Kepler famously remarked of his great Florentine friend that he could never keep sufficiently straight a man whose first name so resembled his last: Galileo Galilei. Others have labored under (or benefited from) this duality, and this third essay of my series tells a tale of the most obscure, yet highly significant, character that I have ever encountered from the early history of our science: the Neapolitan scholar (1461–1523) who called himself Alessandro ab Alessandro, or Alexander de Alexander, or Alessandro degli Alessandro—all meaning (roughly) Alexander from the family of Alexander.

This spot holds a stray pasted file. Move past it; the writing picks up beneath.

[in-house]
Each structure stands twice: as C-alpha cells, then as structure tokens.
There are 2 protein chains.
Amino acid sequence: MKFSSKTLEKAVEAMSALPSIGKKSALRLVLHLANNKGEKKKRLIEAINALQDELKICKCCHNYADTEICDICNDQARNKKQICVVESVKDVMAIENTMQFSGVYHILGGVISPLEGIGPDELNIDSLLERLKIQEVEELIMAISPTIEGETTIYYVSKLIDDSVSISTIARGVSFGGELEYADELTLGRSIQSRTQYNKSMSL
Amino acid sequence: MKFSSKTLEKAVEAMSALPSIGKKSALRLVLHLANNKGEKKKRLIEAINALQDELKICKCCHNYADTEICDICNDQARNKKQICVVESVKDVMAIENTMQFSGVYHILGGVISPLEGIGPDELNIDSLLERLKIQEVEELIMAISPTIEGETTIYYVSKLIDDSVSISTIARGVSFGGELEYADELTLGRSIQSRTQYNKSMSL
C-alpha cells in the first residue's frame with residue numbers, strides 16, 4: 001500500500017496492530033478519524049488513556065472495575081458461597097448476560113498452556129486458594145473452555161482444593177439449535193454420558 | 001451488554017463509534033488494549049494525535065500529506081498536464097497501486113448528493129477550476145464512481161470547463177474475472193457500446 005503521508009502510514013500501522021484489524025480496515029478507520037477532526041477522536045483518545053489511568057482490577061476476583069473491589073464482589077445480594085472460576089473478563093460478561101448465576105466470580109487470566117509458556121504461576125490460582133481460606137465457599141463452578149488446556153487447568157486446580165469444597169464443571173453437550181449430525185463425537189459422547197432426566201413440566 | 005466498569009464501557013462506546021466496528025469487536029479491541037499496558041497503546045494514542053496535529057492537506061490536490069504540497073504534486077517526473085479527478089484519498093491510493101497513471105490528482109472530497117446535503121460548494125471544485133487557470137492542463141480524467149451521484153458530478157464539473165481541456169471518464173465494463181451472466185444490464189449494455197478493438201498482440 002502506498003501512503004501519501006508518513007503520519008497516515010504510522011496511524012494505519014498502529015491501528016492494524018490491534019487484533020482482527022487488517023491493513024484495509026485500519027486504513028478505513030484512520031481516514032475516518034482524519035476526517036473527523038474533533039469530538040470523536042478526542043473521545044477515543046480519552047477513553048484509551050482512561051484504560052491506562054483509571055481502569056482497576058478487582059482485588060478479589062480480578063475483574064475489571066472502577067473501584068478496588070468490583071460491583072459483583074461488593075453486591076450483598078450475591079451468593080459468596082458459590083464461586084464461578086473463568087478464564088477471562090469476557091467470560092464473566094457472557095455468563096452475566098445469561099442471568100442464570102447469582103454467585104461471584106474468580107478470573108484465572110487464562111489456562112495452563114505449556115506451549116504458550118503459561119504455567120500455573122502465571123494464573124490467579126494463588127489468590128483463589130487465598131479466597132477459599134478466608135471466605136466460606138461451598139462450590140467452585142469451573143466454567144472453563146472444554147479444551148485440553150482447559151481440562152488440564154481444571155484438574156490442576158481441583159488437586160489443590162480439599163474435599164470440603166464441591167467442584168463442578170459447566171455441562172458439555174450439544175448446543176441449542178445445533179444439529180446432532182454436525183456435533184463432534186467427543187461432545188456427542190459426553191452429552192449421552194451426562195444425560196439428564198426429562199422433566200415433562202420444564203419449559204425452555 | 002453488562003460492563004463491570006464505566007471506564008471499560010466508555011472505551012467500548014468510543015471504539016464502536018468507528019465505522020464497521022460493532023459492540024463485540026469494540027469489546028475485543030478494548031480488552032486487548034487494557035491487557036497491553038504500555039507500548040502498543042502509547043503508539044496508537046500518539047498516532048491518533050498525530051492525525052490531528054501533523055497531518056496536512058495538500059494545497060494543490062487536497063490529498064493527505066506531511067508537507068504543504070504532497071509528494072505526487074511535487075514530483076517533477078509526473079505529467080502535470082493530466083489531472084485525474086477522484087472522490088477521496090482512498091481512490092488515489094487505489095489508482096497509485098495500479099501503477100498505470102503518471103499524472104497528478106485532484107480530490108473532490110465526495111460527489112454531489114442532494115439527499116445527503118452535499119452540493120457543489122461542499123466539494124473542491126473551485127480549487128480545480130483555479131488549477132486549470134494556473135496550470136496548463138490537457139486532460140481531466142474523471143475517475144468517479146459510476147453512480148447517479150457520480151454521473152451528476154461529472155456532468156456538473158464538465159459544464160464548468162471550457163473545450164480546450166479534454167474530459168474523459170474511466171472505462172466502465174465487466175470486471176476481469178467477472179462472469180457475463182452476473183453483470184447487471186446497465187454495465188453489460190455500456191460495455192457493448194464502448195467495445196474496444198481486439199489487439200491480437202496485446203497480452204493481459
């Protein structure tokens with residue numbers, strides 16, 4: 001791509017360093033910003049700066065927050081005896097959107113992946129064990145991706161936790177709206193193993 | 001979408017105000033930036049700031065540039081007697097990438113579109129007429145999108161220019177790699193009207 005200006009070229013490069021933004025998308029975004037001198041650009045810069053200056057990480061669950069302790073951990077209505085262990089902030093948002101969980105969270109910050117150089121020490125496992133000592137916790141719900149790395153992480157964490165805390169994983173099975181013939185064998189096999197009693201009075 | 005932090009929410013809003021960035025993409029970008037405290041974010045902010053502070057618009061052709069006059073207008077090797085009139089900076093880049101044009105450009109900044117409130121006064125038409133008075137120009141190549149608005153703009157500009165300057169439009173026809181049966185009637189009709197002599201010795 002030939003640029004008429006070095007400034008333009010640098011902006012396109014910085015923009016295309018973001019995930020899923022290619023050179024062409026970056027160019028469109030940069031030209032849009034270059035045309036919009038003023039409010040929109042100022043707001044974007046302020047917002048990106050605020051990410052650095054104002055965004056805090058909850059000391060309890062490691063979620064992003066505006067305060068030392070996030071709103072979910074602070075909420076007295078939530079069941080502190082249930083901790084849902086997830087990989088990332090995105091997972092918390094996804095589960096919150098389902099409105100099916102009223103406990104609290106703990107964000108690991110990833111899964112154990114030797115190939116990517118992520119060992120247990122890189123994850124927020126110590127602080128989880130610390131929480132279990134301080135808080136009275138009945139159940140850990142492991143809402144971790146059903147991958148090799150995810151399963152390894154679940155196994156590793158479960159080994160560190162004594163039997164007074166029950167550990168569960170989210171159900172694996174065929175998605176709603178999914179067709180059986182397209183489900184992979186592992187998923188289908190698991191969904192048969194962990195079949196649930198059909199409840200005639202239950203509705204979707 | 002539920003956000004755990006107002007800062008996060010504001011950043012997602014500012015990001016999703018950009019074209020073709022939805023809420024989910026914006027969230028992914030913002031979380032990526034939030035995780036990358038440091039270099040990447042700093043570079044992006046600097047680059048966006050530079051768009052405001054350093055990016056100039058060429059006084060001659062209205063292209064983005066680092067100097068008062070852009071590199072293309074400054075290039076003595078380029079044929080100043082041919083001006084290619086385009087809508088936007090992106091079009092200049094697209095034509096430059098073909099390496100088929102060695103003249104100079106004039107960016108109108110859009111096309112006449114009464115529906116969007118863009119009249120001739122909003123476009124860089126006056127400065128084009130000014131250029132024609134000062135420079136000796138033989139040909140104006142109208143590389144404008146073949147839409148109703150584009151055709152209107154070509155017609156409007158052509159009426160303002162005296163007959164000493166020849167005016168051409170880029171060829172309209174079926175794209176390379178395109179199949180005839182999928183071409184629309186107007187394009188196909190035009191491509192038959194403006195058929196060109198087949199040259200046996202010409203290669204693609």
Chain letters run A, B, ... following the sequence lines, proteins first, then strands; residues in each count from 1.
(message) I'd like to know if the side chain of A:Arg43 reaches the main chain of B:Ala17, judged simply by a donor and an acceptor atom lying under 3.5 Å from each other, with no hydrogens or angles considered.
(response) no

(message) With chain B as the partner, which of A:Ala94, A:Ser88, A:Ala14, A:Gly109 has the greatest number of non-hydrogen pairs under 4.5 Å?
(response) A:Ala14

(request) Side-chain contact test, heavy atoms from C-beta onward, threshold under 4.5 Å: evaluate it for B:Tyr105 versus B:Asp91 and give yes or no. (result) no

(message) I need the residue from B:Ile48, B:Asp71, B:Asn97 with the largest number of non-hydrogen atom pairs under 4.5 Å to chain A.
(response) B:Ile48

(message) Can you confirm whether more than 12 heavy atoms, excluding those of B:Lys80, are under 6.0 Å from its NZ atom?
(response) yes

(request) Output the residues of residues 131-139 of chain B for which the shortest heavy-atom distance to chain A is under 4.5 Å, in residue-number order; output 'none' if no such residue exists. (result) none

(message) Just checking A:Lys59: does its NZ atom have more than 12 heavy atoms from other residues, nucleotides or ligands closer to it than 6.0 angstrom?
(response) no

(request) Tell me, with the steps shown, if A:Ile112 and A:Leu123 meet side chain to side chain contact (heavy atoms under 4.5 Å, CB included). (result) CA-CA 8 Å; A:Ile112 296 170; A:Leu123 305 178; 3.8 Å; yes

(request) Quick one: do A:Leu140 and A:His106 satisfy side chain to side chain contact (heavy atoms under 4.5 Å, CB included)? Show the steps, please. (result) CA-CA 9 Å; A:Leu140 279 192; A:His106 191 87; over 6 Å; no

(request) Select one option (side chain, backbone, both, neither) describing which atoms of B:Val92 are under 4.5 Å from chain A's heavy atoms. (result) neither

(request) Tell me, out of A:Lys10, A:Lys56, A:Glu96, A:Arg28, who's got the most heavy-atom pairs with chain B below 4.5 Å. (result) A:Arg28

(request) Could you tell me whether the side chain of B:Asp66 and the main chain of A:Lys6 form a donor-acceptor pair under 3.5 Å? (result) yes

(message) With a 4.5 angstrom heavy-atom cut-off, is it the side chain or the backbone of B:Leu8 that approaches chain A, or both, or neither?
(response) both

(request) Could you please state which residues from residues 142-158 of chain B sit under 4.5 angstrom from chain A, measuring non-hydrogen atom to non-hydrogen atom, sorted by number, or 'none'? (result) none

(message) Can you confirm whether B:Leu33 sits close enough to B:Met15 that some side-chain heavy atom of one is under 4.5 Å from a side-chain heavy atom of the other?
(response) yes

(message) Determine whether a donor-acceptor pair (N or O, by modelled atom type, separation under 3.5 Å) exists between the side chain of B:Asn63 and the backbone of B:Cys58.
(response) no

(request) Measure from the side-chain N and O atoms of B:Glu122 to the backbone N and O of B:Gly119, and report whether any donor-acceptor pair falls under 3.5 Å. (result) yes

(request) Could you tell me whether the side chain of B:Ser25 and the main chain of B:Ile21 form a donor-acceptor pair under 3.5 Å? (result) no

In writing my 300 sequential popular essays for Natural...

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